I plead guilty to spending much more time and energy discussing stocks than bonds. Understanding the role of bonds (a relatively non-volatile asset class when done properly) is a somewhat more abstract subject. Stocks have higher potential returns and are just sexier to write about.
Index funds exist for bonds the same way they do for stocks, and can be purchased from many different providers like Vanguard and DFA. Like stock funds, they trade once each day at net asset value (NAV). Depending on where you own them you typically pay a small transaction fee ($10-25). They also have an annual expense ratio, which is what the fund company charges you to run the fund. This is typically 0.25% per year (called ’25 basis points’ in financial lingo) or less.
Traditional brokers have frequently pitched the virtues of owning the individual bonds themselves rather than through a fund. Since most individual investors buy a bond and hold it until maturity, the theory goes “why pay a fund company an annual fee simply to hold my bonds?”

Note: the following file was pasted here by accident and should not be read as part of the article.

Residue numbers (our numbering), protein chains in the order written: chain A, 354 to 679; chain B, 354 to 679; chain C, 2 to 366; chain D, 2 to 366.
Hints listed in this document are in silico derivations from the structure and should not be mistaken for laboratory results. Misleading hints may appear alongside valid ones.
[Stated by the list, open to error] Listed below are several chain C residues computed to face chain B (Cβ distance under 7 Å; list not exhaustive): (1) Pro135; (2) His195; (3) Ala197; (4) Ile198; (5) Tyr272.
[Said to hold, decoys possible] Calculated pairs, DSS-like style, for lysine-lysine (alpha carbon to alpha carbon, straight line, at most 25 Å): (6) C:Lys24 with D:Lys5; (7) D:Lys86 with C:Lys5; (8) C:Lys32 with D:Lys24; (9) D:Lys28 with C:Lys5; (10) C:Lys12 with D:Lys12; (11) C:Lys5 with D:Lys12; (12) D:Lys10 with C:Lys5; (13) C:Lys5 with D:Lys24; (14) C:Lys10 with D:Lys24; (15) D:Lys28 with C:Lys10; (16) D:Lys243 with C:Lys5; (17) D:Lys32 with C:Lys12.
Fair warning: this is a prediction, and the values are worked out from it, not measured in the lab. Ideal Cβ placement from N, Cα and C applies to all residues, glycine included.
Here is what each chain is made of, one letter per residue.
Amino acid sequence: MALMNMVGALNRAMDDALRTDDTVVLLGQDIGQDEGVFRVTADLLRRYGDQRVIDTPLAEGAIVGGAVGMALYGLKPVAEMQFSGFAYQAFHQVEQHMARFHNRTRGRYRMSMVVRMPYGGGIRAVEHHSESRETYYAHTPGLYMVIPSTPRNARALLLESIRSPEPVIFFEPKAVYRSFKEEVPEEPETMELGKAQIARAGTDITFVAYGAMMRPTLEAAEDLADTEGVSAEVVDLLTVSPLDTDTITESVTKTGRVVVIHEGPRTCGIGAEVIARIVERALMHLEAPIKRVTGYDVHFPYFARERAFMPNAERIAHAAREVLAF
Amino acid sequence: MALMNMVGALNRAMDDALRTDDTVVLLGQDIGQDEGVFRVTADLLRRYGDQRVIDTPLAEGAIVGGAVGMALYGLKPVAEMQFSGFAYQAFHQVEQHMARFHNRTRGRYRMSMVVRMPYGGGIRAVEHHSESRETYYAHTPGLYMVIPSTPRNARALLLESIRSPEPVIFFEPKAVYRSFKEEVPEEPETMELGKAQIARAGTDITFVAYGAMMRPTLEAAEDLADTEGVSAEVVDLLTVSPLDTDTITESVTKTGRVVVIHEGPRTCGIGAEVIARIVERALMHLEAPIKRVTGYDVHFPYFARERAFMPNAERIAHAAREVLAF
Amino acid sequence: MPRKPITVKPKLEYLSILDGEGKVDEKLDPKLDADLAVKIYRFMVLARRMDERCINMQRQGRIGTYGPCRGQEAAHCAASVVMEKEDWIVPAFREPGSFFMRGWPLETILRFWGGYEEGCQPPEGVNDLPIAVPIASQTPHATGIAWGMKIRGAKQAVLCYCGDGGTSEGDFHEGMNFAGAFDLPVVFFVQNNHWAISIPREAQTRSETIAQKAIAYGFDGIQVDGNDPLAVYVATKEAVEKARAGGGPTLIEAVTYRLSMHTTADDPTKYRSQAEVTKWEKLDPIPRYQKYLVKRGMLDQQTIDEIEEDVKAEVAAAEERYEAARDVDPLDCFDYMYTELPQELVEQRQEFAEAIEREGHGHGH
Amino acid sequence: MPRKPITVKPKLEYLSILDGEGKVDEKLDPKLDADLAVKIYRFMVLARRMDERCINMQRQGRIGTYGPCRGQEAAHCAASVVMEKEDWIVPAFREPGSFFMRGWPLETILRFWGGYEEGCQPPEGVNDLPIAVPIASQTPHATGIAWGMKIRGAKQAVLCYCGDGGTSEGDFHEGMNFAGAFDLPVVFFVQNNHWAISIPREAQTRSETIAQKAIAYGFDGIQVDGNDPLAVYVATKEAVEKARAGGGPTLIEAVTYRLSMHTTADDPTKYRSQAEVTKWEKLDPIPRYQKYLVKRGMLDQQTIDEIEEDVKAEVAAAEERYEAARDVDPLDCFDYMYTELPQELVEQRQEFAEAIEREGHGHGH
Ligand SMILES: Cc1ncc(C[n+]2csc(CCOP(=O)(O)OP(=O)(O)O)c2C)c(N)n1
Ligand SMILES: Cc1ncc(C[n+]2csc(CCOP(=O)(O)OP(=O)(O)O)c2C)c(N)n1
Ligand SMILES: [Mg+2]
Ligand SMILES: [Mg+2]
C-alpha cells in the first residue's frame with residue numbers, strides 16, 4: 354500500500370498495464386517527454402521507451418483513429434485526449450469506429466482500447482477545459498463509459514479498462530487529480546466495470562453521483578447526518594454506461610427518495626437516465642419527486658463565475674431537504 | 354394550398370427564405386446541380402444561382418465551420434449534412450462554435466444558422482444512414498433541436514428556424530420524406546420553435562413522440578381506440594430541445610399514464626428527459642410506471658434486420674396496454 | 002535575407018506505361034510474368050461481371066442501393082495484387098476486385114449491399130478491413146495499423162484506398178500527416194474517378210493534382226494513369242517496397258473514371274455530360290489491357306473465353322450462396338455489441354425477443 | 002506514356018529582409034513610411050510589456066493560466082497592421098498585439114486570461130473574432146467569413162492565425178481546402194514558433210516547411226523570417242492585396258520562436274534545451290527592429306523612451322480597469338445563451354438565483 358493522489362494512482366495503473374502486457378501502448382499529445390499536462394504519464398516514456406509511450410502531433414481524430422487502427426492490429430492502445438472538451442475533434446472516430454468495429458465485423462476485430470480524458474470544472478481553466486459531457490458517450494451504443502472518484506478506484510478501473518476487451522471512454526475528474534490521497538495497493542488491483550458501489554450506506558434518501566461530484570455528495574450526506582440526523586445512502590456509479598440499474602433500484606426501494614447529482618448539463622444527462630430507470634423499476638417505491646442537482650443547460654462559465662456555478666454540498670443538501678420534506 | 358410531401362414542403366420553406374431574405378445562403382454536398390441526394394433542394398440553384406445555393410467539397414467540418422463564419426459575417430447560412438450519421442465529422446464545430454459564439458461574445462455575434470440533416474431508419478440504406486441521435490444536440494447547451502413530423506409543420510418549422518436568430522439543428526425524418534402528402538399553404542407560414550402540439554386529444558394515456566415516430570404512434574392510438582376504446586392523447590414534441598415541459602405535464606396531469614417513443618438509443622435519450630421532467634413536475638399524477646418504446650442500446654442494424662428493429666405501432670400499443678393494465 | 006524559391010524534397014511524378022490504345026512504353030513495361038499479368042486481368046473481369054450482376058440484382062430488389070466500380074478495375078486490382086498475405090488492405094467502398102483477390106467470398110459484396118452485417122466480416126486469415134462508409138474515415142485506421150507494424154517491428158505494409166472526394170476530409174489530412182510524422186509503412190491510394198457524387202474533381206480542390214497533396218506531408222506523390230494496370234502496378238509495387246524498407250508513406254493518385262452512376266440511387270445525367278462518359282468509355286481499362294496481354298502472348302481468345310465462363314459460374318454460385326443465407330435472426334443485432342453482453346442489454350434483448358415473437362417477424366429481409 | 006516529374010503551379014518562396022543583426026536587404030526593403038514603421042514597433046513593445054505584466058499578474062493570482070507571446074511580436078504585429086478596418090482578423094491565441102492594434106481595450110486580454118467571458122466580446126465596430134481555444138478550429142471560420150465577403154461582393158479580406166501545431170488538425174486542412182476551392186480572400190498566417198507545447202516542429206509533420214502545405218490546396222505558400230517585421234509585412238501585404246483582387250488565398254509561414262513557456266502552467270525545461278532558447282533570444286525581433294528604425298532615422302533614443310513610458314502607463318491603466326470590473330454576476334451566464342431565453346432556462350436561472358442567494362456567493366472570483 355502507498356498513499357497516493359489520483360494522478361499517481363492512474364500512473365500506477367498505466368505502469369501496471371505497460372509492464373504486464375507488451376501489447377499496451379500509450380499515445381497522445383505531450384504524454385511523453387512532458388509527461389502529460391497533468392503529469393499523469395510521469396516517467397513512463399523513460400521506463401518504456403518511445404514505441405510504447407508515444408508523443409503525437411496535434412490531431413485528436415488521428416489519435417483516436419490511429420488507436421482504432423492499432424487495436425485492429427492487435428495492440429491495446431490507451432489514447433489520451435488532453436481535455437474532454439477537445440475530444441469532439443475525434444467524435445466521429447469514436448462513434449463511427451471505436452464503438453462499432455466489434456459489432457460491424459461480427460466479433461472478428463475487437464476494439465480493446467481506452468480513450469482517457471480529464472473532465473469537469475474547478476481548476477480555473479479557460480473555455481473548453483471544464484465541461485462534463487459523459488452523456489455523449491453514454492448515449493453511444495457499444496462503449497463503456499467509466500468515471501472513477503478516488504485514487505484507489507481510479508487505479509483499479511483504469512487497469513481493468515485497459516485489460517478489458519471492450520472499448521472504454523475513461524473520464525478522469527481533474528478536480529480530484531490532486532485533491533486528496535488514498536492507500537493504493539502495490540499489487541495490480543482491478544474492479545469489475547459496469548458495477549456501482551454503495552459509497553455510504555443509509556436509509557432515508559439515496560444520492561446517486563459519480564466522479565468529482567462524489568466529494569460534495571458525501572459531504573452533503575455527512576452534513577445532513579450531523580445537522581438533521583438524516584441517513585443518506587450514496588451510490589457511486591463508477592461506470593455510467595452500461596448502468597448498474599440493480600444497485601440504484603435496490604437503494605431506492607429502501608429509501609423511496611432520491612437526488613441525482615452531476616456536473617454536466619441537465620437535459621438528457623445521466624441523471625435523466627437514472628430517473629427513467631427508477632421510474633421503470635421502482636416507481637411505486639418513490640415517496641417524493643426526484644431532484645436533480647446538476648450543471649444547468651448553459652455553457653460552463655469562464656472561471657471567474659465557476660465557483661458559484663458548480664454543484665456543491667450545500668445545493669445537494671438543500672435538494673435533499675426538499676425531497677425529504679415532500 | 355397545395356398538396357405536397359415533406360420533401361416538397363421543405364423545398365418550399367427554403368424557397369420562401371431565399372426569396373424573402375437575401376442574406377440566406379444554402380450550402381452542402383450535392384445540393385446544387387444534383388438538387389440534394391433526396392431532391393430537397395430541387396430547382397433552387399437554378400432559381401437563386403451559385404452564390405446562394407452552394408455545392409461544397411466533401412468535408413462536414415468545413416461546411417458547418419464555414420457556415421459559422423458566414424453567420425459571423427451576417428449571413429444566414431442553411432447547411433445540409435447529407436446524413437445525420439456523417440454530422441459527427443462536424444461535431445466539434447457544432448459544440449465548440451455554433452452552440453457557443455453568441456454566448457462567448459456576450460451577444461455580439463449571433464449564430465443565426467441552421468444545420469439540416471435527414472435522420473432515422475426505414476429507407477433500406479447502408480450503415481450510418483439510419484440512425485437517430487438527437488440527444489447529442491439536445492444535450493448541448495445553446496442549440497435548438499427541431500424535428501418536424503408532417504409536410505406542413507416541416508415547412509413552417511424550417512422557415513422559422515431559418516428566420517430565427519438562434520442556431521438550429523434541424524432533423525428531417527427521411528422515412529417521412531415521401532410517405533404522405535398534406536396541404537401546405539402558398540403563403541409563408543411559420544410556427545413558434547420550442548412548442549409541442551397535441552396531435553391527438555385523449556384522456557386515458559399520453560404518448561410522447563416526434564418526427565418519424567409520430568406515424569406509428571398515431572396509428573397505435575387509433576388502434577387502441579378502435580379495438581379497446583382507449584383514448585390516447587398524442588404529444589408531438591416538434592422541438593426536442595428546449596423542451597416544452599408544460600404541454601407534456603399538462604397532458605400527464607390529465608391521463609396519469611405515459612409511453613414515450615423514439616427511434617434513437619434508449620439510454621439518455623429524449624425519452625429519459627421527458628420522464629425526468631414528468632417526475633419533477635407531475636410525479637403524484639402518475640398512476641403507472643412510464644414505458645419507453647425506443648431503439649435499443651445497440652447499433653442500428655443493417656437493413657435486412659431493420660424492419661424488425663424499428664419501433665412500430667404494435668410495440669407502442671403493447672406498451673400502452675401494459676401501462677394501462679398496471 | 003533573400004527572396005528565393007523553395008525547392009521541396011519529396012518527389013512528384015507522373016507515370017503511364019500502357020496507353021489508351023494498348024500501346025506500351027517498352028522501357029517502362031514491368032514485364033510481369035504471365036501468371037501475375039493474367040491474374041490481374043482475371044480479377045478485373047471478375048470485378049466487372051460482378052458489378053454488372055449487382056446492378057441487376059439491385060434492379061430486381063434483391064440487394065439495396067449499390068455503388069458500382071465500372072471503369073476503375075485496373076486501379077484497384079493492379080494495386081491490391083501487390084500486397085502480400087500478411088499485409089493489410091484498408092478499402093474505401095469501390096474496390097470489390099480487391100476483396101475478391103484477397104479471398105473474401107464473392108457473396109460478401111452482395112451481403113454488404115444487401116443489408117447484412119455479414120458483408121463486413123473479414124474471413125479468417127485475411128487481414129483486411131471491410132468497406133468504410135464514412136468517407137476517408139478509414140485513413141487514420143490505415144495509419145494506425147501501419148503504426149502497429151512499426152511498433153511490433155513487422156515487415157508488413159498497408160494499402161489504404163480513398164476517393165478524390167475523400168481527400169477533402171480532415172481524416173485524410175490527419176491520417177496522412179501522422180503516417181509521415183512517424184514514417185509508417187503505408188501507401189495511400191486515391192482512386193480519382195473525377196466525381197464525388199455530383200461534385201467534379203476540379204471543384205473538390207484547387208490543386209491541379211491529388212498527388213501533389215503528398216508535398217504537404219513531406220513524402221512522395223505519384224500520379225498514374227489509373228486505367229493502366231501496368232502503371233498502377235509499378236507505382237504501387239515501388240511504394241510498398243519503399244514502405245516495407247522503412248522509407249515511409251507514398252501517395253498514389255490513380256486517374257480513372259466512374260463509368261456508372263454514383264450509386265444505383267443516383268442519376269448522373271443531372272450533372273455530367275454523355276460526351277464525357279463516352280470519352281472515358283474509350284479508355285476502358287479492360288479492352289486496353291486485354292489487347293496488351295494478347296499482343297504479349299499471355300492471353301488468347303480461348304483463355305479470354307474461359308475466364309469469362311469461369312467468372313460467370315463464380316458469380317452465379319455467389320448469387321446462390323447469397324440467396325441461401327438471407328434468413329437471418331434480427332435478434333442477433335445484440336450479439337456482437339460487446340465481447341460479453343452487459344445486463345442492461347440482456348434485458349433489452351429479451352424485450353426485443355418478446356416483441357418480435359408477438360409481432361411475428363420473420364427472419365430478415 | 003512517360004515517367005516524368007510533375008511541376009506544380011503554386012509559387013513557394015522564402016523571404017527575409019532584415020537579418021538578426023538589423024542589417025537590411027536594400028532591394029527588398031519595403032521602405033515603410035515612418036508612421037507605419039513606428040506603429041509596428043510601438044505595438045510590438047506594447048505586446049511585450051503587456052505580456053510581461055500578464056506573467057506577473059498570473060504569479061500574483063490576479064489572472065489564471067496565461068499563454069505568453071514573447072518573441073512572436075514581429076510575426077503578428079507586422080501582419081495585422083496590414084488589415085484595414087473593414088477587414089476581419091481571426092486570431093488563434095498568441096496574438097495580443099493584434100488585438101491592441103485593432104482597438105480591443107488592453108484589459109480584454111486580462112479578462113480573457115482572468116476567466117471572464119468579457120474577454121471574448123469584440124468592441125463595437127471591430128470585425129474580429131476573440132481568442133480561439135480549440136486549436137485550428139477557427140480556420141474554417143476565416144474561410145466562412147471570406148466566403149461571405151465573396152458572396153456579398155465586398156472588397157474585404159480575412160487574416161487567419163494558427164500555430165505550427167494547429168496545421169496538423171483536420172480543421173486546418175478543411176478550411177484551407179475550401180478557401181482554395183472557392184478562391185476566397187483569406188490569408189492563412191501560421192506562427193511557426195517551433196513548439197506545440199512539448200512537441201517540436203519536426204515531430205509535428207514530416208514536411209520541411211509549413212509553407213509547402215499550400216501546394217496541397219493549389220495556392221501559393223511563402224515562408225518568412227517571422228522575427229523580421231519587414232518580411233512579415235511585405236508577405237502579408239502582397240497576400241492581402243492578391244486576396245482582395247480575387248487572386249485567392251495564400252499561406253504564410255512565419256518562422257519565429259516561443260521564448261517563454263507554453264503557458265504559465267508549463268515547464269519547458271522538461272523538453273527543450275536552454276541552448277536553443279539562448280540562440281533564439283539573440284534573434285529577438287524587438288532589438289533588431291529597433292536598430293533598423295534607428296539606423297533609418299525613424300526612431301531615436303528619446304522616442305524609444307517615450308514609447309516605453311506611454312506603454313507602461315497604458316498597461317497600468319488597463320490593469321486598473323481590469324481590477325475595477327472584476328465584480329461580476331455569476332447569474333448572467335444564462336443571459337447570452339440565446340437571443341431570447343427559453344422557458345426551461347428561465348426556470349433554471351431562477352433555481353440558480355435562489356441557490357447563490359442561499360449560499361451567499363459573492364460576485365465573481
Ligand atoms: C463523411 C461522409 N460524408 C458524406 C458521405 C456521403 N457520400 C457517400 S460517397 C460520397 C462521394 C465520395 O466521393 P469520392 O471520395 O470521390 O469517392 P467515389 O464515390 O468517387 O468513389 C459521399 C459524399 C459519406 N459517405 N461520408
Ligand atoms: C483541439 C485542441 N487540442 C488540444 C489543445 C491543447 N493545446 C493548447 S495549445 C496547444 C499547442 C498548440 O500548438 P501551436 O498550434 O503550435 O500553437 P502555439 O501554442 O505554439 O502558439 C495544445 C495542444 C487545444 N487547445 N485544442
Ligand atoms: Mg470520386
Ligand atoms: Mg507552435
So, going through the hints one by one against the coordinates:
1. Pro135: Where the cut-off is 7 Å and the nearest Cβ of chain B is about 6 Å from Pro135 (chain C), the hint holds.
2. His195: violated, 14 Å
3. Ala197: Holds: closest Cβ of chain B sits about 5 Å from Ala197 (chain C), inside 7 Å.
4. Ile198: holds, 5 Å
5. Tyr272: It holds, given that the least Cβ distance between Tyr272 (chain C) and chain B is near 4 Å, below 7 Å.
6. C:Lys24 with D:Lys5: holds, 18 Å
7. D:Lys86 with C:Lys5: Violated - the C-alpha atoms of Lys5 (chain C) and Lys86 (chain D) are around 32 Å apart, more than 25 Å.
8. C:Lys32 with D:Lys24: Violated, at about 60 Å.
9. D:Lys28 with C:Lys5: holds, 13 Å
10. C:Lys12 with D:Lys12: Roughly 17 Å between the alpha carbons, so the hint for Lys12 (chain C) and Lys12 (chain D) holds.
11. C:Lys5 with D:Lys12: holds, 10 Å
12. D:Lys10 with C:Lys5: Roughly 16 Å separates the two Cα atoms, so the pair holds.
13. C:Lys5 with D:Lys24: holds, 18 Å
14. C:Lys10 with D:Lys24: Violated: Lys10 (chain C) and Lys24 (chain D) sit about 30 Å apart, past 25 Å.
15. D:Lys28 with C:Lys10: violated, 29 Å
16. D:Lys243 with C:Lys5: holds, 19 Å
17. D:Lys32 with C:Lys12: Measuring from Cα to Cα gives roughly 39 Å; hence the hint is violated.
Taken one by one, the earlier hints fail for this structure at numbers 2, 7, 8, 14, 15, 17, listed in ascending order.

It’s a legitimate question, and there’s a legitimate answer why you should.
Imagine for a moment you like to bake at home, and from time to time you need to buy sugar. When you go to the market you pay the retail price for a 5lb bag and bring it home. Now imagine you are the biggest baker in town, and your bakery distributes 12 tons of baked goods every day. Do you think that baker pays the same price per pound of sugar that our home baker does?
The individual bond investor who buys a $20,000 muni bond through a brokerage account is paying retail. The person who sold you the bond is marking up the price to make a profit. The bond fund that buys $20 million of bonds per day is paying a much, much smaller mark up on the bonds it purchases. The difference ends up in your pocket.
In an investing world where expected returns on bonds may be less than 3%, this difference can be huge. It can greatly exceed the management fee you’re paying to the fund company. One estimate (pay wall) put the costs of buying a $20,000 muni bond at up to 2%.
Heaven help you if you need to sell an individual bond before maturity. Now you get to sell that bond wholesale, with the mark up going to the dealer in the opposite direction.
In our experience, bond exposure in a portfolio needs to be at several million dollars before using an individual bond strategy is even worth considering. Then we typically employ a separate manager (who charges only a little more than an index fund) to deal with these issues at a cost that’s fair to the investor. All situations are unique, but I have yet to see a situation where investing small amounts in individual bonds began to make any sense.
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